Mark Shapiro appeared on Sportsnet 590’s Lead Off with Ashley, Ziggy and Scotty Mac on Thursday morning to talk about a handful of off-season related topics. I’m going to focus on a couple of things that are interesting in regards to getting an idea of how the front office plans to tackle free agency this winter.
SN: Looking at the 2020 iterations of our Toronto Blue Jays, there’s under $40 million committed to payroll as of now. So I need to know… What’s your best offer for Gerrit Cole going to be?
Shapiro: He’s certainly a very rare talent to be available in free agency. Almost every team out there is looking for starting pitching, which is not surprising, and certainly, every team could use a No. 1 starter. We’re going to have to be aggressive on every level of the free-agent starting pitcher landscape. We recognize that as players go into the situation, they have all the things that are important to them, they look at geography, how that aligns with their personal situation, their family, they look at spring training, and where that location is, they look at the competitiveness of team, they look at the division and the landscape that they would play in.
So, it takes an alignment of interests as well as dollars. I think dollars are not going to be our challenge, actually, which hasn’t always been the case. It’s going to be where we fit with Gerrit’s alignment of interest and how does that align. Same thing with every free agent we pursue. What I’m confident in is that throughout the free agency process, we’ll be able to get better this winter and we’ll have the resources to do it. Who we align with from this winter and the next two or three winters as it gets more crucial is just going to continue to grow.
SN: You guys made a move, you acquired Chase Anderson, a right-handed pitcher. Obviously, one of the biggest holes in the lineup last year was a starting rotation. But when you talk about long-term viability and long-term success, I’m curious as to your thoughts on whether you find the odds of drafting and developing a position player at a higher success rate than drafting and developing a pitcher.
Shapiro: The pitching landscape is so fraught with the risk of injury that no matter how much information, no matter how we advance the motion and the stress of pitching, it just runs counter to the human body. We never know exactly how long guys are going to be able to withstand those loads. That’s why a guy who’s a horse, like you mentioned, Gerrit Cole, is such a rare guy to be available through free agency. But you still bite your tongue, you’re still so nervous because pitching is such a risky game. I think we always like to develop our own pitching because if you look at the history of free-agent pitching contracts, it’s a really, really high-risk area to play in.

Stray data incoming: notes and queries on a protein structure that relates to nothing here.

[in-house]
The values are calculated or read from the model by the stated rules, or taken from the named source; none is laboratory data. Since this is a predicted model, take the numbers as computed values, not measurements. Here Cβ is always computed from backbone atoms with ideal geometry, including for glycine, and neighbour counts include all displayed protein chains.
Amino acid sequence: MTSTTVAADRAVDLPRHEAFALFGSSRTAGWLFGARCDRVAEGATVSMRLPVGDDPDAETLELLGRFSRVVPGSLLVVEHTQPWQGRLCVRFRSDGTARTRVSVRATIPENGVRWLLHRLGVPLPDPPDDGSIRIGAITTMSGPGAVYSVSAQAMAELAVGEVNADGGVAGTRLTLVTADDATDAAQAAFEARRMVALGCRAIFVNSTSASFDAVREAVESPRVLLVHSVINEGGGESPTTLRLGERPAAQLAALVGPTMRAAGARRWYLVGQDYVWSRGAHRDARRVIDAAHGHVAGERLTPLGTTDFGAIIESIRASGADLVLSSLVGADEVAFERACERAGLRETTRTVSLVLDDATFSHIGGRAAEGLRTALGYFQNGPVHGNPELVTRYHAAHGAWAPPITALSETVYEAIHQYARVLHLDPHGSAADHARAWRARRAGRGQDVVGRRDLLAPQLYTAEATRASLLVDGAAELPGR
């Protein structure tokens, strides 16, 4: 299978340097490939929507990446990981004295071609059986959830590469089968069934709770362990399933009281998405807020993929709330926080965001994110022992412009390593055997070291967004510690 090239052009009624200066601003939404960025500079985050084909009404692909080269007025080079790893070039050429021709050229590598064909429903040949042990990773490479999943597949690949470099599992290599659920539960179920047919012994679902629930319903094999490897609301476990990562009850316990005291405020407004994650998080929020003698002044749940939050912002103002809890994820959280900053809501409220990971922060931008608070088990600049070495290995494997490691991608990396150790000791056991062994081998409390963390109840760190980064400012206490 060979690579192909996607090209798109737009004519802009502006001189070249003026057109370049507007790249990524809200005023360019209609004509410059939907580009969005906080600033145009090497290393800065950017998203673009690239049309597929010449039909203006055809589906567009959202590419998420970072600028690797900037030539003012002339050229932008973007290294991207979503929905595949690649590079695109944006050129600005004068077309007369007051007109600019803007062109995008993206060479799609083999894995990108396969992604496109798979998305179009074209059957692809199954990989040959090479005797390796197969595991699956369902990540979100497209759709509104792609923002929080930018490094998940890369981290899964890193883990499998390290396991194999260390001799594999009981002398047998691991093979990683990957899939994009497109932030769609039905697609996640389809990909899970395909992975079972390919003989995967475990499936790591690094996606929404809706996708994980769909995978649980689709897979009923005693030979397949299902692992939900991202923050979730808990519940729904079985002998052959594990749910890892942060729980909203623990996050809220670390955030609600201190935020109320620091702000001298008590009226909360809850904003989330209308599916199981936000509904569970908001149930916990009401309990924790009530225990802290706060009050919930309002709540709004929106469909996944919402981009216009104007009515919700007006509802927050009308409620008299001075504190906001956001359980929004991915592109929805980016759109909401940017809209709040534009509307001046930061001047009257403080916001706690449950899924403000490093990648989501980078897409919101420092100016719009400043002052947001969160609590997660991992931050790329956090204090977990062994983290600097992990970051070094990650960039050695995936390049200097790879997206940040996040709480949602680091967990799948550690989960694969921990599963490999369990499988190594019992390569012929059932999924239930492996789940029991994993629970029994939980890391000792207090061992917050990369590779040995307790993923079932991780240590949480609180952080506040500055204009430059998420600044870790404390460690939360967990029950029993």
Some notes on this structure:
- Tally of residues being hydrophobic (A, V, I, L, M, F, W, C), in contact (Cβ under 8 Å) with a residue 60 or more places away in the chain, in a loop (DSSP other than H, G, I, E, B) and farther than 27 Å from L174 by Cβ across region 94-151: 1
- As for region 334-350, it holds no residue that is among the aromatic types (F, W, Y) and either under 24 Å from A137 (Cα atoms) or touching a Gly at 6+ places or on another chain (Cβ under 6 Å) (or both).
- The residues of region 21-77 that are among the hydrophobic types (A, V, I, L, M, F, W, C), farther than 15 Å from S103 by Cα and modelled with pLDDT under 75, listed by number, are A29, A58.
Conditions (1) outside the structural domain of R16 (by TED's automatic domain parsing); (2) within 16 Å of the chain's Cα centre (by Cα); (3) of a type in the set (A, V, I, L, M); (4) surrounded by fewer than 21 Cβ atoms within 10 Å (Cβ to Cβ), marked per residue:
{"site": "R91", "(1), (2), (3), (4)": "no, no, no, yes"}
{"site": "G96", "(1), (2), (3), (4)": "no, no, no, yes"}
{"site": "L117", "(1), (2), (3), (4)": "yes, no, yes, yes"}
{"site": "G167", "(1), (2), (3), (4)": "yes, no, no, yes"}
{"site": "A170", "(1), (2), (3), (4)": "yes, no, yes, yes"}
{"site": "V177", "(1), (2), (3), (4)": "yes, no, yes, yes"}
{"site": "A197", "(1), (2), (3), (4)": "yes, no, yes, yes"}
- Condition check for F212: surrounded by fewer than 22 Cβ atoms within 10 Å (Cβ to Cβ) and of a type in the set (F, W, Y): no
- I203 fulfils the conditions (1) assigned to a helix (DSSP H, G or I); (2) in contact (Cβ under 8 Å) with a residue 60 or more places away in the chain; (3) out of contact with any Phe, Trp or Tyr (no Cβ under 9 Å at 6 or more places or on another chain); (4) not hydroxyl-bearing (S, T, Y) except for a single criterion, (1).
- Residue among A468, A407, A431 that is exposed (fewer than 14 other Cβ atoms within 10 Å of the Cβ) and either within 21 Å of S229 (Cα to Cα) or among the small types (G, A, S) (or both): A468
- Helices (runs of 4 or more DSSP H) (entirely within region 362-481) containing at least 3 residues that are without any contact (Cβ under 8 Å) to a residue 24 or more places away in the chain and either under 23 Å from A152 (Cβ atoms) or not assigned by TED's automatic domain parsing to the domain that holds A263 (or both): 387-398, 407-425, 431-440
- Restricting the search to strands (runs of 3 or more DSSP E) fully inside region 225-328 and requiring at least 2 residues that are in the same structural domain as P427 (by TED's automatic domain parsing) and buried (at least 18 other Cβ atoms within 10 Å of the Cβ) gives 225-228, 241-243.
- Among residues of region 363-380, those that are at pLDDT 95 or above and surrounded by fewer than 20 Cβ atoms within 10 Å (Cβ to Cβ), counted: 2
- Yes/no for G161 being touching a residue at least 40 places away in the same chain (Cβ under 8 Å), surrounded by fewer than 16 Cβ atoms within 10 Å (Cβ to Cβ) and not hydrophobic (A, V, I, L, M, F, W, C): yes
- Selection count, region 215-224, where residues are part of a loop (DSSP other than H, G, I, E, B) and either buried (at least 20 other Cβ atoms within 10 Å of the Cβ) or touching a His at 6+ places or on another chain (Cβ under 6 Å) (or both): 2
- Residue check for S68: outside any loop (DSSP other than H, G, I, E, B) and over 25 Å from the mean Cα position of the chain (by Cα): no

There’s quite a bit going on here, but I think the important thing to gather is that it’s very clear that Shapiro’s Blue Jays going to maintain their risk-averse approach, though there is going to be more financial support from ownership to make improvements to the roster.
Shapiro mentioned in his first answer that finding alignments between players and teams is one of the biggest challenges facing the Blue Jays right now. That seems like a little bit of a cop-out, given that, ultimately, money speaks, but he isn’t wrong in suggesting that joining a rebuilding team in the AL East isn’t exactly a sexy proposition.
Shapiro then circled back to Gerrit Cole in his second answer, suggesting that mega contracts to free-agent starters are risky business. Again, he isn’t wrong here. Plenty of big contracts have blown up in the past few years, like Jordan Zimmermann in Detroit and Johnny Cueto in San Fransisco, but, as the Nationals proved when they won the World Series this year, you have to pay for elite pitching. They handed out big deals to acquire Max Scherzer and Patrick Corbin, who combined to win Game 7, and they even dished out cash to keep World Series MVP, Stephen Strasburg, an internally developed guy.
So I think you can gain both a positive and a negative out of Shapiro’s words here. The point about the front office being able to spend more is a good thing, and we’ve already seen that reality in Toronto’s buy-low trade for Chase Anderson. That said, it’s somewhat limp-dick that the Jays appear poised to use that financial freedom to make small, incremental Raise The Floor style moves rather than kicking the door down to sign an ace.
Speaking of free-agent starters, Shi Davidi did a primer on the Blue Jays ahead of MLB’s annual Winter Meetings over at Sportsnet in which we should expect to see the Jays aggressively pursuing pitching upgrades, but, again, not of the elite calibre.